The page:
Frog Pond

Yesterday, I looked down into a transient ecosystem that thrived in a large bucket at my feet. I took my son Gavin and a friend frogging at our local pond. No matter that it’s in a cemetery—the modest body of water is quivering with life, and our bucket hosted at least 6 frogs, probably twice that many tadpoles, a host of minnows, and a large beetle that swam circular laps with the vigor of an Olympiad. (Or was it a Giant Water Bug, often mistaken for a beetle?).

The boys conferred about the gauge of the nets and the length of the sticks that they were attached to, and what they might garner with each plunge into the muddy depths. I wished I had a stop-action camera to get real-time shots of all the incredible skyward frog escapes. The most impressive creatures of the day were the two thick, ropy Northern Water Snakes that the boys reported (they actually called them rat snakes, but after some research I think this was a misidentification). We released the whole, squirming bucket in the end, washing the sludgy mud off shins and hands with baby wipes before heading back to the commercial world of pizza, chips, Slushies, and candy.

I believe that every town should have at least one well-frequented frog pond, and Googling around for other fine, civic frog pond examples I ran across Save the Frogs! Our frog populations are dwindling because of a variety of factors, among them climate change, invasive species, and habitat loss, and this nonprofit does a lot of education, also encouraging citizen scientists like you and me to build our own frog ponds. So get digging!

Sometimes it makes me sad when I am out and about walking, or taking another turn around the pond, and I don’t see many other interested individuals or families outdoors—I am fervent in my hopes and prayers that we, as a society, reunite with the outdoors and learn from the connections that we can make there. Science, philosophy, spirituality, medicine, relationships–it’s all there for us to learn! I am borrowing a quote by Chief Seattle (1854) that Save the Frogs showcases on their site, plainly put but it rings so true, especially at the lively height of summer:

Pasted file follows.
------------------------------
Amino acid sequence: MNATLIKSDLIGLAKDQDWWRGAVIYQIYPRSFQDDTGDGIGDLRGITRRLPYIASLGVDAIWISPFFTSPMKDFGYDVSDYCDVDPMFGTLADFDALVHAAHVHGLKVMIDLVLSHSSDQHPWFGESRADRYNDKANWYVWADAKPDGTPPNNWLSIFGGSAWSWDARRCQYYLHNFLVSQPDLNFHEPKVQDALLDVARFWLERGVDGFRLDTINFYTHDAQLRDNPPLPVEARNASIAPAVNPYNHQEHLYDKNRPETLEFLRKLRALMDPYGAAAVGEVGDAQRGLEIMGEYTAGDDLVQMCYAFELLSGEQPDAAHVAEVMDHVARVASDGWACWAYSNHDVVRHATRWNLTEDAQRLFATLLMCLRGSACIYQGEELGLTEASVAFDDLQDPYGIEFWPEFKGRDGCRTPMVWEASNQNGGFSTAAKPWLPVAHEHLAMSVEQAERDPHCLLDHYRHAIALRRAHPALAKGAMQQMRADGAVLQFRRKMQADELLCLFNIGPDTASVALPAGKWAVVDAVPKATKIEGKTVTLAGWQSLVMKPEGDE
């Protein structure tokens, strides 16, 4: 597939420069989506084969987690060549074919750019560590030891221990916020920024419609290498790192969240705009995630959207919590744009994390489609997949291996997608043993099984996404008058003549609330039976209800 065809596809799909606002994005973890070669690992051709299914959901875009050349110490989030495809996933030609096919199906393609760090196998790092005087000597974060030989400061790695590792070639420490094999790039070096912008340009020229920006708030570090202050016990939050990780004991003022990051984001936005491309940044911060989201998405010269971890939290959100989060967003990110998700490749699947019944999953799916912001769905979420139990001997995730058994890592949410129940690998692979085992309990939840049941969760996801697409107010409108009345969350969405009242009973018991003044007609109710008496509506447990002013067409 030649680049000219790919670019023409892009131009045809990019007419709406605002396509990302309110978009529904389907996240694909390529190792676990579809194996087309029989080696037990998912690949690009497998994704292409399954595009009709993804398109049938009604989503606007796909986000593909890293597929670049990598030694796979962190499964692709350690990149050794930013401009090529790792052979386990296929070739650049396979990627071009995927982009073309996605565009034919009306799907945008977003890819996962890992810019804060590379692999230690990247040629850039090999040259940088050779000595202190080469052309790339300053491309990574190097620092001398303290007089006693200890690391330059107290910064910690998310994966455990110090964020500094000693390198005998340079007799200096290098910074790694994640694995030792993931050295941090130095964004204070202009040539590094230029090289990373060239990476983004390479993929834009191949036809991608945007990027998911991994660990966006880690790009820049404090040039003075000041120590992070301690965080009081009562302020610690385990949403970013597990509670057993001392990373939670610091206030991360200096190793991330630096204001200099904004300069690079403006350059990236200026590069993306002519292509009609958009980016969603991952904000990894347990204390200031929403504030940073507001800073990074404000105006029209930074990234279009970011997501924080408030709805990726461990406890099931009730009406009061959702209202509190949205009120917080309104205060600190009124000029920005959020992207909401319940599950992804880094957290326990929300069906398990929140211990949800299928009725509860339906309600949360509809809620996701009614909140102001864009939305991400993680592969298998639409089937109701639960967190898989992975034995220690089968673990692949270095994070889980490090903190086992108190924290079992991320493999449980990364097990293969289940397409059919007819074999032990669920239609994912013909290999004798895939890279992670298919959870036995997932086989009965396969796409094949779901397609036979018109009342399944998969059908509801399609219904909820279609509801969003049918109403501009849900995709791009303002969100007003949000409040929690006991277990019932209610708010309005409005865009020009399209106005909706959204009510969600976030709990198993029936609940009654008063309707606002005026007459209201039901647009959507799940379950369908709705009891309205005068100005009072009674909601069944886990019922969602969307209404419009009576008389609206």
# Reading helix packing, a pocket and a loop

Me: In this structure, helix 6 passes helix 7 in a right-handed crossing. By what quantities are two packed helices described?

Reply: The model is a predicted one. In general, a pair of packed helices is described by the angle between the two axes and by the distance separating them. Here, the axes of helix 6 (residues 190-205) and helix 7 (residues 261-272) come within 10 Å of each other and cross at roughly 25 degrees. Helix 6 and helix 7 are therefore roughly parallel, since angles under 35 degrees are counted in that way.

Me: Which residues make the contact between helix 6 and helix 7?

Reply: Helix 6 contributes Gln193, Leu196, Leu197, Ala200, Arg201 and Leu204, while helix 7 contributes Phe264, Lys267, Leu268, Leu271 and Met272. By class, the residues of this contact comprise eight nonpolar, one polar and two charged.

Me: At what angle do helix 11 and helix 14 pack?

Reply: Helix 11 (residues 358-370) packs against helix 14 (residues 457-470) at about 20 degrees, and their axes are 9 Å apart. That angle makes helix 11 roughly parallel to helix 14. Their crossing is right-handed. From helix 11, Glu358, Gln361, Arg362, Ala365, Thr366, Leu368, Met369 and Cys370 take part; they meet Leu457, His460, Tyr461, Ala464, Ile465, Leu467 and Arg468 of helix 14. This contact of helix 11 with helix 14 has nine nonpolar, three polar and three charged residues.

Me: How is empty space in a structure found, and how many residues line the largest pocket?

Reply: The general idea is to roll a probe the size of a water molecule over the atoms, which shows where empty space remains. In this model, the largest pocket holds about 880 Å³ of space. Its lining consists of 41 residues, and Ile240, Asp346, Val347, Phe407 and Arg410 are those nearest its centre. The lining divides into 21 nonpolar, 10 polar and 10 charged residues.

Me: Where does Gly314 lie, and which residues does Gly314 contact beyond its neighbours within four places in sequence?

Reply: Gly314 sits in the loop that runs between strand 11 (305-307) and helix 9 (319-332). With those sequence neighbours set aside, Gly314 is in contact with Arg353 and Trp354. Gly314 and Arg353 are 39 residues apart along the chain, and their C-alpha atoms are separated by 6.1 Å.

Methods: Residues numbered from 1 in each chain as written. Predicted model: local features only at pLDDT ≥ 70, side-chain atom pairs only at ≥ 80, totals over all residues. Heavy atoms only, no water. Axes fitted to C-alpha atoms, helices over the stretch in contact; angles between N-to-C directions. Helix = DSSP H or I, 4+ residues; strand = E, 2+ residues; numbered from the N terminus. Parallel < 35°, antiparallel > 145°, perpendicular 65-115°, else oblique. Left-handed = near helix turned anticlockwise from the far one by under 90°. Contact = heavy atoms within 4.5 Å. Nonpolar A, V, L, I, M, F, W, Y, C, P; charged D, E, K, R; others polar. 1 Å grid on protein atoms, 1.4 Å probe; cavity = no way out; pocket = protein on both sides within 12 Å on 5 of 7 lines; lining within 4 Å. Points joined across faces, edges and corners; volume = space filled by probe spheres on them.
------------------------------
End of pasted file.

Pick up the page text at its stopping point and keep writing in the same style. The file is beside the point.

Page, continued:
And what is there to life if a man cannot hear the lonely cry of a whippoorwill or the arguments of the frogs around a pond at night?

Why Nature Writing? Why Nature Reading?

The intensive reading and writing required by my writing conference meant forgoing my long walks. My knees were stiff from disuse, and my soul craved the variety, stimulation, comfort, and sense of spirit that sojourns in nature bring. I slipped a book from my nature library into my bag, escaping into some fine turns of phrase for a few minutes. From where does the impulse to read and write nature rise? To me, it’s a sort of meditation–not just a good proxy for the actual experience, but a wholly necessary act of reflection and appreciation. Barbara Hurd, in Stirring the Mud, gets at what’s behind our literal connection with the earth, and how words can bring us closer to it, with compelling gusto:

When the German poet Rilke tells us to leave our houses and enter the enormous space outside, surely what he means is to follow the asterisk to the bottom of the page, to drop to our knees in algae, push hands into the fringed and seepy edges into which pieces of our lives have sunk, places where year after year the crust grows thin, too thin, finally, to mask the sense that underneath this unkempt border something else is breathing; the origins of our words, wiser afterthoughts, the whispered asides of the spirit.